Christmas letter to friends and family
Well here we are once more at the end of yet another challenging year, and I find myself preparing the annual family letter. This job always seems to come my way, as I seem to be the only enthusiastic letter writer in the Robins family.
Looking back over the past twelve months, I think I’ll have to merely skim the surface of the events which have taken place in our family. If I go into too much detail, it will be next Christmas before I get this letter in the post.
January was a very sad month for us all as Jack’s aunt Agatha took a turn for the worse and had to stay in bed most of the time. She moved in with us as no-one else was prepared to look after her. Being confined indoors and not being allowed to wander around the neighbourhood as usual, the poor old dear became disorientated. It would appear that one morning she decided to go out into the garden, whilst I was out shopping. In her confused state she apparently opened the door leading down to the wine cellar instead of the front door. The coroner ruled that no foul play was suspected and once we had all recovered from the shock, and her estate had been wound up, we had a wonderful family holiday in Florida, USA. Auntie had always regretted the fact that her late husband had never allowed her to go out to work during her entire lifetime, so we decided to pay our last respects to her, and had her ashes made into an egg-timer. She looks really smart in her bright red plastic casing, and she works very efficiently every breakfast time.
Our Labrador, Luke, mated with the sausage dog next door and we decided to take one of the litter as a playmate for Luke. What a cute puppy he turned out to be. We have called him Frankie (after his mother) and just hope that his little legs will continue to take the increasing weight of his rather large body. He looks just like his father, apart from those miniature legs. Still, he gets lots of love in this house, despite his unusual looks.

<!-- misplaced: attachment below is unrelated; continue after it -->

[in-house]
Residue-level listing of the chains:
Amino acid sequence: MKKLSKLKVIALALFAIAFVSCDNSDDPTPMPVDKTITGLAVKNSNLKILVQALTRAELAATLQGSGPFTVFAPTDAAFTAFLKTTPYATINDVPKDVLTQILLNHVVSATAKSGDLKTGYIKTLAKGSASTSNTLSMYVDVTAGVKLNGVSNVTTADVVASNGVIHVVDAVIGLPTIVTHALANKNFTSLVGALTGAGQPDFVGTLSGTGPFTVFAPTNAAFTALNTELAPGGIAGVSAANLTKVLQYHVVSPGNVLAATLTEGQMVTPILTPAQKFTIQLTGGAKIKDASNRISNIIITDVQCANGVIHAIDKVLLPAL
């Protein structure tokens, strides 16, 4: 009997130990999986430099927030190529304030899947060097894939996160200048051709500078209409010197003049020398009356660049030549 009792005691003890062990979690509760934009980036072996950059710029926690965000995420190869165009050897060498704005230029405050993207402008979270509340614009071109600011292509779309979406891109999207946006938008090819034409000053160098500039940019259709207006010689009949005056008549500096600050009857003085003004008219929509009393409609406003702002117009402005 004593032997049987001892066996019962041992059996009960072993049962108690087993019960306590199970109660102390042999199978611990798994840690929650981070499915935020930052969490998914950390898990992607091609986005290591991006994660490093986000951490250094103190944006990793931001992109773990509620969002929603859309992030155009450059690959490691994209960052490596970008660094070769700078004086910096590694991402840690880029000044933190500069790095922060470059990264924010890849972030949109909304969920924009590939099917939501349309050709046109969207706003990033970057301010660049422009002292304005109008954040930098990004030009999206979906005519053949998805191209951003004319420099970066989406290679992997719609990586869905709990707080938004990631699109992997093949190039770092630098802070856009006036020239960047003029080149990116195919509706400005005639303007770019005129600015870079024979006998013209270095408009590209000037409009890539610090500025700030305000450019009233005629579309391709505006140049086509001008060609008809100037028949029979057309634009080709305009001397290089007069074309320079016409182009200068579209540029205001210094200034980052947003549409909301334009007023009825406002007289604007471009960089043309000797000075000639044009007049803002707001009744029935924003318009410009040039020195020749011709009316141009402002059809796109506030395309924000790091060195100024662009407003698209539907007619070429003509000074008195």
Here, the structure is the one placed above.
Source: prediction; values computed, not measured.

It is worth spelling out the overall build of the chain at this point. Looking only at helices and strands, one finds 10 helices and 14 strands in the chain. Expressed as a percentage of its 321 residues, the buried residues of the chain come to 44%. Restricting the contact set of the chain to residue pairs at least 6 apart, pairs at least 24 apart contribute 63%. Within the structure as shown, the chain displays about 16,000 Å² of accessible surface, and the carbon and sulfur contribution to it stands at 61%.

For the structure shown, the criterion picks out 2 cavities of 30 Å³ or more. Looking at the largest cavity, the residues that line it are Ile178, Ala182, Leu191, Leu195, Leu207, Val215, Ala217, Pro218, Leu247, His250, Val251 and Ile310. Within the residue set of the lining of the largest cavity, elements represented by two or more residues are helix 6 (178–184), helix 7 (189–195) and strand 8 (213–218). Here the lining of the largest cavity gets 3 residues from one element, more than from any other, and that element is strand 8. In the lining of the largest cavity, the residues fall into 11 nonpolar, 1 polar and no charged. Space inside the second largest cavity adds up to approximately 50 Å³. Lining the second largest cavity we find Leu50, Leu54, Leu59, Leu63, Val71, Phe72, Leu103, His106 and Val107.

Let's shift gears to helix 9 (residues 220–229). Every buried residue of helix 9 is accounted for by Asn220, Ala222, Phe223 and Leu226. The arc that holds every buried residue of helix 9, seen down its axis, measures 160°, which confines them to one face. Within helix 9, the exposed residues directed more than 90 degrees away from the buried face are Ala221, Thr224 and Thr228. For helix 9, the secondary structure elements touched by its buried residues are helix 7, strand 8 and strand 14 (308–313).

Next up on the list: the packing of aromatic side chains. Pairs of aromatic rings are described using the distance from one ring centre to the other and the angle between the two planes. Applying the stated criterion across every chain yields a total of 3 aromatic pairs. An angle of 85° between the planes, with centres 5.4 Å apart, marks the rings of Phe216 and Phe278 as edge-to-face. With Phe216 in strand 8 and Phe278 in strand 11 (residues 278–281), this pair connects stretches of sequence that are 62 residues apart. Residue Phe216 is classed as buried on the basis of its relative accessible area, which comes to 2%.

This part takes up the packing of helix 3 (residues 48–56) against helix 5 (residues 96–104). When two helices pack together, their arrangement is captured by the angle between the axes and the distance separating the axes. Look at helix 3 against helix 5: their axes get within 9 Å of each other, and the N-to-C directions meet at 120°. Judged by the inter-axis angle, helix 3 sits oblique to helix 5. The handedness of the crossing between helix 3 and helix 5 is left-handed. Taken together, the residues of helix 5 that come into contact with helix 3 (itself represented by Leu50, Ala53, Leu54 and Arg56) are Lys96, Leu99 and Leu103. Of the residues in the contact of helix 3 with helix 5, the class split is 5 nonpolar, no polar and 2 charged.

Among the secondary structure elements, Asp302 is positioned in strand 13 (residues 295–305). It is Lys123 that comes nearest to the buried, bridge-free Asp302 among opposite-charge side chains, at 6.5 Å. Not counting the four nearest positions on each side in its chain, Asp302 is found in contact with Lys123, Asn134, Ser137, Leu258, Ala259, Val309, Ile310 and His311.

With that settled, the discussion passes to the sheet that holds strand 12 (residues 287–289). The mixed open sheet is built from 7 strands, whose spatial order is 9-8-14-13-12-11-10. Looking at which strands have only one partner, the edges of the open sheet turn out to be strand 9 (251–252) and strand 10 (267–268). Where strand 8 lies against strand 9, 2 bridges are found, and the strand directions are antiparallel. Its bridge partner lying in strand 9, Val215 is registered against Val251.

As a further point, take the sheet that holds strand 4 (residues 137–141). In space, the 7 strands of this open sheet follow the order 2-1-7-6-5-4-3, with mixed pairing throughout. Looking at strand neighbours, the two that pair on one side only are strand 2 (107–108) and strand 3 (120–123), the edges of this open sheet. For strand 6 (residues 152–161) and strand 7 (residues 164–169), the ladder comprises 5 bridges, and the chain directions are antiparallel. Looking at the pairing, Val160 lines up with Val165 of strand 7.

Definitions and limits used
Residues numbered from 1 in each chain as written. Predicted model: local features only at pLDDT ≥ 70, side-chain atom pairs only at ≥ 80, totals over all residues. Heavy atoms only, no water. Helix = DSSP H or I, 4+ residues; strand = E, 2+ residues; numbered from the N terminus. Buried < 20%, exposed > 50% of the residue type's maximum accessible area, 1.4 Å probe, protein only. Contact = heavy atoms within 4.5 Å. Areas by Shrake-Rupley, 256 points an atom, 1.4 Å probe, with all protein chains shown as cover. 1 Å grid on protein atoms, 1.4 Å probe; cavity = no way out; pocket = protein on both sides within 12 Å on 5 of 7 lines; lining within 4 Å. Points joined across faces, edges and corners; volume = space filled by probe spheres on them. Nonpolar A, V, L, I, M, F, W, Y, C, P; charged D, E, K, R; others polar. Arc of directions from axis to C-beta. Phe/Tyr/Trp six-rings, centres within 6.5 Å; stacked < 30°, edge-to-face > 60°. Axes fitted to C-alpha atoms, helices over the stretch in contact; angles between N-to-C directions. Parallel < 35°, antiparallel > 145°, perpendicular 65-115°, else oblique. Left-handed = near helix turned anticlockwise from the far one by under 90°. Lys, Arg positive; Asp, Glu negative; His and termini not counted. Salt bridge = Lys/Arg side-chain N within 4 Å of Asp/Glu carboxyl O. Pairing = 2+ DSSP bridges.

We had a bit of a shock around April this year. In fact, thinking back, the news was actually broken to us on the first of April, which was the reason that it took a while for us to take it seriously. In the beginning we really believed it to be a practical joke. Arthur, who is 38 and still living at home with Jack and I, decided that it was time to let us in on his little secret. Well, you can imagine how we felt initially when he told us that he had decided to tour Europe as a drag artist. He always got home very late each night, long after Jack and I had gone to bed, and we just thought that this was normal for a guy working as a barman at a very upmarket pub in town. It turned out that he’s been the star attraction at the pub for the past few years, doing a Dolly Parton lookalike act. (Now I understand why I always seemed to be losing items of frilly underwear and other items of clothing never seemed to be where I had left them!) A talent scout had spotted him and signed him up for a two year contract touring all the major centres in Europe. When he told us how much he’d be earning, we could only wish him well, but it was difficult for us both watching our little boy packing those blonde wigs and lovely new undergarments and knowing he was finally spreading his wings.